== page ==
Memory Box

Kim and more boxes, June '16

Kim and more boxes, June ’16

The Bribie Island woodwork group have offered to continue to make boxes for the women in the group, following on from the Memory Box project.  These beautifully designed and crafted boxes have been made for us with willingness and generosity, and with a refusal of any reimbursement.  They have told us that they all have been touched in some way by cancer, and are pleased to be able to do something for others. Each woman in the group has been given one of these boxes to keep, to use in whatever way she wishes. We are very grateful to the Woodies, in particular Kim Bowers, and pleased to have this alliance with these thoughtful and skilled craftsmen.

The Memory Box Project grew out of connections the Advanced Breast Cancer Group had made with other organisations and people, and their generosity to our service.  Over the years we have received donations from a variety of people, and after some thought about how to best use this money, we approached Bernard Houston, who composed the song for our group, to help us with a creative project for the women in the group.  He agreed, and with further funds out of the grant from Queensland Health, we embarked on the project  in 2012.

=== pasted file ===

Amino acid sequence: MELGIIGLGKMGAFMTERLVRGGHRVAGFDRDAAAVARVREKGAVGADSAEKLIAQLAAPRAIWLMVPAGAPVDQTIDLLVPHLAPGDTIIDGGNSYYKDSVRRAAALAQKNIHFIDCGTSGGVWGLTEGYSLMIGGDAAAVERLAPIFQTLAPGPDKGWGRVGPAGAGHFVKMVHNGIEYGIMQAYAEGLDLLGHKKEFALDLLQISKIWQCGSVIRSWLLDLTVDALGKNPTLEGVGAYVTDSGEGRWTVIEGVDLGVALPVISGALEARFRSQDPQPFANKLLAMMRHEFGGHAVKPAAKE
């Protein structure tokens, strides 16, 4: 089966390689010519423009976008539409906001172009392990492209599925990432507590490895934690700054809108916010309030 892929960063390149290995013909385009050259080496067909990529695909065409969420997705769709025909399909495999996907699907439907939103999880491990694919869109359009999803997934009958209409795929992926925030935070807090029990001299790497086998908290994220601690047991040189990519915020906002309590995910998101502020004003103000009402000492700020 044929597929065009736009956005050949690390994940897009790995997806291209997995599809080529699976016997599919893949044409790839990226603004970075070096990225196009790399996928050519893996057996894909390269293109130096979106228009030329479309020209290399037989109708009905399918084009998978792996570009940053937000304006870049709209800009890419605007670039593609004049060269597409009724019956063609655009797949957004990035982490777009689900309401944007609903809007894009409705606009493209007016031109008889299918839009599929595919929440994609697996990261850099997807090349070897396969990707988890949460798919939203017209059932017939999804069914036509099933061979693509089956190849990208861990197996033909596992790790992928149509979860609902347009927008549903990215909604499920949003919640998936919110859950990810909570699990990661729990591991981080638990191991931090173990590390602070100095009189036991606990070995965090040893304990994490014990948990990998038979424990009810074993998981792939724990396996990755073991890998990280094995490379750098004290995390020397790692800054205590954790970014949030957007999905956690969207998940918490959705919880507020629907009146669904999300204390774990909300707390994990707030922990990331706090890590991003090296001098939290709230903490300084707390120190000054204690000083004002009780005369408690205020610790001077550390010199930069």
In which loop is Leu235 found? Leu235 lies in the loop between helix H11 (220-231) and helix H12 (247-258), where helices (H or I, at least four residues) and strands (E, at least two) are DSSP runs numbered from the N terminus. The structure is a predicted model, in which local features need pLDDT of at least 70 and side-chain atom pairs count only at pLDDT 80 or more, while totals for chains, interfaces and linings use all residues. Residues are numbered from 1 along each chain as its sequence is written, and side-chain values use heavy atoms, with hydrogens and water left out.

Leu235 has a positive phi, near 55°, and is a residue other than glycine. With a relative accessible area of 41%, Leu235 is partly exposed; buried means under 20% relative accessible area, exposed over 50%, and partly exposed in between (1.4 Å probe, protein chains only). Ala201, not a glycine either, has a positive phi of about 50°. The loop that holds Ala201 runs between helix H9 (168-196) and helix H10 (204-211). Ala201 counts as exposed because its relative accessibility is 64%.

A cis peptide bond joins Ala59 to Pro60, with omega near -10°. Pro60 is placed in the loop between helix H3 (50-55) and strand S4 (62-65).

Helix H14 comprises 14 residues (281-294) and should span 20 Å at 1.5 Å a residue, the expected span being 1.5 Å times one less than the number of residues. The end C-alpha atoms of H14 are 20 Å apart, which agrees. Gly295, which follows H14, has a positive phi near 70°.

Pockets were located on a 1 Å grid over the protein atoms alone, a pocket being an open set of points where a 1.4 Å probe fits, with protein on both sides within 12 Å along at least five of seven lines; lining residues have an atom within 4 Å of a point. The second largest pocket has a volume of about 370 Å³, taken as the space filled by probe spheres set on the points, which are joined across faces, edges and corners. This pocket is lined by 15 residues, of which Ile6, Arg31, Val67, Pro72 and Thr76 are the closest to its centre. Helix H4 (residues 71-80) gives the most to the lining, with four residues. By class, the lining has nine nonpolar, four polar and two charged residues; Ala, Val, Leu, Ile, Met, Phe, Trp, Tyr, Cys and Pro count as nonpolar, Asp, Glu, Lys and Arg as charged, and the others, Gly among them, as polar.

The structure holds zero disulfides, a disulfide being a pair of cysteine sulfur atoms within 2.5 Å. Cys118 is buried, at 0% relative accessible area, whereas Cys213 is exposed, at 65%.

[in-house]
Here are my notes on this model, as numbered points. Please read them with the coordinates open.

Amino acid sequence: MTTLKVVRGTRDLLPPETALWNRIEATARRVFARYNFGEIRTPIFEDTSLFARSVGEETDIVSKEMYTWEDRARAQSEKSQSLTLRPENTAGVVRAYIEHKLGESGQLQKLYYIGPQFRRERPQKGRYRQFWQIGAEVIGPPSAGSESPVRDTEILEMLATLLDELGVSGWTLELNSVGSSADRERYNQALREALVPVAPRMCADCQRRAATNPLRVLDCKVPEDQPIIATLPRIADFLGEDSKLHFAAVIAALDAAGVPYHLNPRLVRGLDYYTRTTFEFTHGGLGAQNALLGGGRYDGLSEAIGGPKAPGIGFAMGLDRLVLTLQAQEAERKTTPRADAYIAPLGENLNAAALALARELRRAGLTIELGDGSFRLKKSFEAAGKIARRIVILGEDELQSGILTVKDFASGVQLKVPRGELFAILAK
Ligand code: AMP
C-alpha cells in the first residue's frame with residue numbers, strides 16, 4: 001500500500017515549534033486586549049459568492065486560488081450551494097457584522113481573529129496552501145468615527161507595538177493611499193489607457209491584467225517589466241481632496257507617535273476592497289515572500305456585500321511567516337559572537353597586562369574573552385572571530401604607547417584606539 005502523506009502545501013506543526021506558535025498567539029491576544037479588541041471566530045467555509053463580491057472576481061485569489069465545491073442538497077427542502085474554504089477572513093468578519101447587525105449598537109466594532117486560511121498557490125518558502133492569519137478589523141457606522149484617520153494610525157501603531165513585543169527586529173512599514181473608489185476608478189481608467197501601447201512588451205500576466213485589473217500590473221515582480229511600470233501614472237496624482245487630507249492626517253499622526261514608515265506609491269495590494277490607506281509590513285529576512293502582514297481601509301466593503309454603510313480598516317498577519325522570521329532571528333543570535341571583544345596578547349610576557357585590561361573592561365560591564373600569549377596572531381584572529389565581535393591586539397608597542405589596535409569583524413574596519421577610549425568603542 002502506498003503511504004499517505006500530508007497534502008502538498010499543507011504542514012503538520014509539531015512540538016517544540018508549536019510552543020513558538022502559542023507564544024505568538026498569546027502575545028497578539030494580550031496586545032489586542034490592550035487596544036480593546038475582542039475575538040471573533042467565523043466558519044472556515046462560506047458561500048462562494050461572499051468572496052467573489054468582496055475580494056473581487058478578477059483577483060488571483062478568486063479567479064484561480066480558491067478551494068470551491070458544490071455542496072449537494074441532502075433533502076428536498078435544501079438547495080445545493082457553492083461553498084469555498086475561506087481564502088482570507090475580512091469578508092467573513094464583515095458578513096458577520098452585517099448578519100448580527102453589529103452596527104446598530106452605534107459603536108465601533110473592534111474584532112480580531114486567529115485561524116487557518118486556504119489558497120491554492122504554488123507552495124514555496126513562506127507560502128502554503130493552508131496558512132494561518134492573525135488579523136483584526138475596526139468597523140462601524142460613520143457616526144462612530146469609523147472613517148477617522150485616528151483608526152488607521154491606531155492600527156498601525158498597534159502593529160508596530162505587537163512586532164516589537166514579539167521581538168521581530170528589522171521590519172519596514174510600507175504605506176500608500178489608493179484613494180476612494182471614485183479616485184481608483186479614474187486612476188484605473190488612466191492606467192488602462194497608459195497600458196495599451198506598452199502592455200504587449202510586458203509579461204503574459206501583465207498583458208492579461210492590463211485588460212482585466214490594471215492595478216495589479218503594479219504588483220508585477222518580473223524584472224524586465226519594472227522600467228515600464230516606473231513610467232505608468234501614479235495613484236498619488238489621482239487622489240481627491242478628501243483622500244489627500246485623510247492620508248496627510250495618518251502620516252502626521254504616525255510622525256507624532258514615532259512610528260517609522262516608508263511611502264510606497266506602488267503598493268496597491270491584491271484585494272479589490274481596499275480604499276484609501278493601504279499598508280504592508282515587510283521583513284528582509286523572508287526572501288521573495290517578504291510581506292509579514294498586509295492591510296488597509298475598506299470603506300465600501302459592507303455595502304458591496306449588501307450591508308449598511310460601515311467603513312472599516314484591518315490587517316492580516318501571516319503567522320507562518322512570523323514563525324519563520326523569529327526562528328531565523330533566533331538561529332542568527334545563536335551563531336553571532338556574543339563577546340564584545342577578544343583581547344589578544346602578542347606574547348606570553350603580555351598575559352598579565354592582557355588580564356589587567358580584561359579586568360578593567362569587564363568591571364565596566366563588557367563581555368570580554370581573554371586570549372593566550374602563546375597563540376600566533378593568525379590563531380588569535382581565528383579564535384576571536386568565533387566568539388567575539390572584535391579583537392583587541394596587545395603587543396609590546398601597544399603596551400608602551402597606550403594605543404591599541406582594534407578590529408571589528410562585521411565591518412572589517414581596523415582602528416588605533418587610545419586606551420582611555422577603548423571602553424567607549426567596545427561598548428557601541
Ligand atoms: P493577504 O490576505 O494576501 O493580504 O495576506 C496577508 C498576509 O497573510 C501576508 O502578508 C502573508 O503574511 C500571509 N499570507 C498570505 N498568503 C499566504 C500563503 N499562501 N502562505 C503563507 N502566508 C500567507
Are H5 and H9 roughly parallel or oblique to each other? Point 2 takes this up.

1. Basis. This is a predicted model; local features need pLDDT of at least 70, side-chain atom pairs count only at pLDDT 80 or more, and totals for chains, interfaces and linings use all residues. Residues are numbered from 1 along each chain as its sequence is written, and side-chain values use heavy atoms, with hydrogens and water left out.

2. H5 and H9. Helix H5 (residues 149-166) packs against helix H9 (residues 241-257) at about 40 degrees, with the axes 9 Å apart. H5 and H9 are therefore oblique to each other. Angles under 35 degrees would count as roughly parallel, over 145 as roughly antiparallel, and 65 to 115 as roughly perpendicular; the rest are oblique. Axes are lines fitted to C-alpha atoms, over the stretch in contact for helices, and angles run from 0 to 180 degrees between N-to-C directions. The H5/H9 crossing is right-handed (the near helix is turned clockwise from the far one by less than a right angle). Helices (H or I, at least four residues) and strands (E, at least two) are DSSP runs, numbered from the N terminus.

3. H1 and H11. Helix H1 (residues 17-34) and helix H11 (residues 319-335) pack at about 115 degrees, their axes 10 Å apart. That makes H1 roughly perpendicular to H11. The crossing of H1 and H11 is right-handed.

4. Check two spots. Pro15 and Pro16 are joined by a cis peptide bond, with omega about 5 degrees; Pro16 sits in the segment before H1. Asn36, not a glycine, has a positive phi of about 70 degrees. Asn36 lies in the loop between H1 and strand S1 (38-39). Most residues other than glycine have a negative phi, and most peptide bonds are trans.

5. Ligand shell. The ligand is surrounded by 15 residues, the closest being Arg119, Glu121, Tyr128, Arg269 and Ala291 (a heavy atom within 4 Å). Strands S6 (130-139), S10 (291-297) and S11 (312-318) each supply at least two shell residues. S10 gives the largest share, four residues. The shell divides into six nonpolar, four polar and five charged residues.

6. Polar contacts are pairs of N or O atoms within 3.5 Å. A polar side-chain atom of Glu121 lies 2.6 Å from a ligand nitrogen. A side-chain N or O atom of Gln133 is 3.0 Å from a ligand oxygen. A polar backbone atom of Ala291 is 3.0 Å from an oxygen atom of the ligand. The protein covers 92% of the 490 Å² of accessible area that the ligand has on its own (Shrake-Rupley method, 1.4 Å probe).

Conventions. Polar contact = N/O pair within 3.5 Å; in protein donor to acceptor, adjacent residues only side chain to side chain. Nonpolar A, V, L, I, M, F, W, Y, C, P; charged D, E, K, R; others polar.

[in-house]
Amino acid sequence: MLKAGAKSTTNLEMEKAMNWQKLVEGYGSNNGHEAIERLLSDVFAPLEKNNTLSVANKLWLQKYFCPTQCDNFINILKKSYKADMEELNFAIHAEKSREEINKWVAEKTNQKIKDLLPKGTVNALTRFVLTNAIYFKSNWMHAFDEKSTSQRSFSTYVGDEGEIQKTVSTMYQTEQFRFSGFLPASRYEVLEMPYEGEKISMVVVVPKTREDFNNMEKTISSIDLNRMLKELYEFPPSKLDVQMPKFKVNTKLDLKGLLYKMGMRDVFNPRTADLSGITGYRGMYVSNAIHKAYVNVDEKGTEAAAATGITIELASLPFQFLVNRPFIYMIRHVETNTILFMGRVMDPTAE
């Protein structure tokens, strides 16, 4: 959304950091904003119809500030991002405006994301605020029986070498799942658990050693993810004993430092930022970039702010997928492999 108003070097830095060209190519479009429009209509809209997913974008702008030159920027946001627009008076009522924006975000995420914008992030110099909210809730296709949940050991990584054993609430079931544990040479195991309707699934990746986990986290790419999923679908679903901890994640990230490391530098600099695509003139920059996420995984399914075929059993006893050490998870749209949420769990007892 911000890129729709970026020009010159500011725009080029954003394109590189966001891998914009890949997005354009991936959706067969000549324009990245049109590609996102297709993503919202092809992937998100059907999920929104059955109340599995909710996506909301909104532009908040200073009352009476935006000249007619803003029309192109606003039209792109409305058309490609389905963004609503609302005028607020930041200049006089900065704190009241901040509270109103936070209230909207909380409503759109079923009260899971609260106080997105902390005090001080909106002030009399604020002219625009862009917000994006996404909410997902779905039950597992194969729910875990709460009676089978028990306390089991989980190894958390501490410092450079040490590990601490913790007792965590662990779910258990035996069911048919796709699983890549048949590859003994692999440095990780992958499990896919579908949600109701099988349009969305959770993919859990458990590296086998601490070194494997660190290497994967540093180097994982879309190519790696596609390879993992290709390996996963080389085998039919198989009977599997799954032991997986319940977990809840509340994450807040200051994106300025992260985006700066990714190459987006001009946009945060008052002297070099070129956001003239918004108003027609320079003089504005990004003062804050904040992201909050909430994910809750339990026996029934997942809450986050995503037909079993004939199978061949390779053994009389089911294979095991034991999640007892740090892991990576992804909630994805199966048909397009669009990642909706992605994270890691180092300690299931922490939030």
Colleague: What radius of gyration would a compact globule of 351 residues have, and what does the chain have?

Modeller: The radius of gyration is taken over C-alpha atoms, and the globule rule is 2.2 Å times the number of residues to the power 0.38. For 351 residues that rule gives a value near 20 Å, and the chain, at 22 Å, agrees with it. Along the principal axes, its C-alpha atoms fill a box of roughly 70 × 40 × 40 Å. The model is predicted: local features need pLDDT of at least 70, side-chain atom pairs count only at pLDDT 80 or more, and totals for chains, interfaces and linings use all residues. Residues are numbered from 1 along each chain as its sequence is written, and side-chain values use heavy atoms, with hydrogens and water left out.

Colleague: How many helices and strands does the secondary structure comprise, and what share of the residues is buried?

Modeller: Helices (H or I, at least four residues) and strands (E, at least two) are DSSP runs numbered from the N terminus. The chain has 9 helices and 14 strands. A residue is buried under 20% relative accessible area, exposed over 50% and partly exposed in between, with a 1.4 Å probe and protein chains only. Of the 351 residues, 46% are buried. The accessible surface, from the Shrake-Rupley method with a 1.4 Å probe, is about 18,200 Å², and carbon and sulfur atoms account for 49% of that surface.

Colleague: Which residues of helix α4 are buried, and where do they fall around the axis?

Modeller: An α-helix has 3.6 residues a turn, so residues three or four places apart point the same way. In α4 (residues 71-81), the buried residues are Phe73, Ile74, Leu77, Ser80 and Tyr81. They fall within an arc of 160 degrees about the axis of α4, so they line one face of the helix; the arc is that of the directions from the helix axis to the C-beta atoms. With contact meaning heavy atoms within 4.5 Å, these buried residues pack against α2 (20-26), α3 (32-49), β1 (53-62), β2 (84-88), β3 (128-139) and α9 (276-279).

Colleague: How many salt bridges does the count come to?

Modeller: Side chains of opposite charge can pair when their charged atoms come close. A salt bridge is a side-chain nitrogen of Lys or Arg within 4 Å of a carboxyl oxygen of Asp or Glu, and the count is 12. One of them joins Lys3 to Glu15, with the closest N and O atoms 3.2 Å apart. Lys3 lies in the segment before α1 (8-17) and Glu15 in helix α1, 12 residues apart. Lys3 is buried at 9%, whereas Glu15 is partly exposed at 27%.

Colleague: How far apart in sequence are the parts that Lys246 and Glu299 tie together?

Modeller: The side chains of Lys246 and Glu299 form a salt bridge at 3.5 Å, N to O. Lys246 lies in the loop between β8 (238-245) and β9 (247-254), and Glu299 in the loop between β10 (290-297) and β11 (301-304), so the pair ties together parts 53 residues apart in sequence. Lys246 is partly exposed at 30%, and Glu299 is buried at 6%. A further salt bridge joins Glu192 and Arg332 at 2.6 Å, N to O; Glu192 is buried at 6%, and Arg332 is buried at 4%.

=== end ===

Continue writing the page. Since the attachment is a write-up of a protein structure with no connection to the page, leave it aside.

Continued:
It was open to all women in the group who wished to take part.  We met monthly with Bernard, and talked about what women had written, and what memories they had discoveredwoodies-1

We decided that the type of box we would use was important.  They were made for the women in the group by the Bribie Woodies, a woodworking group on Bribie Island.  They are beautifully made, jointed and varnished silky oak.

Bernard’s father  illustrated some of the stories in black and white pencil







The aim of this project initially was not proscribed, as we thought it would develop as time went along.  It became an opportunity for those involved to re-discover and re-claim for themselves some of their own memories from childhood, to share these with others in the group, and to leave memories  for their families.  It  also became a way of connecting with others in the community who were willing to offer their skills to enhance the project.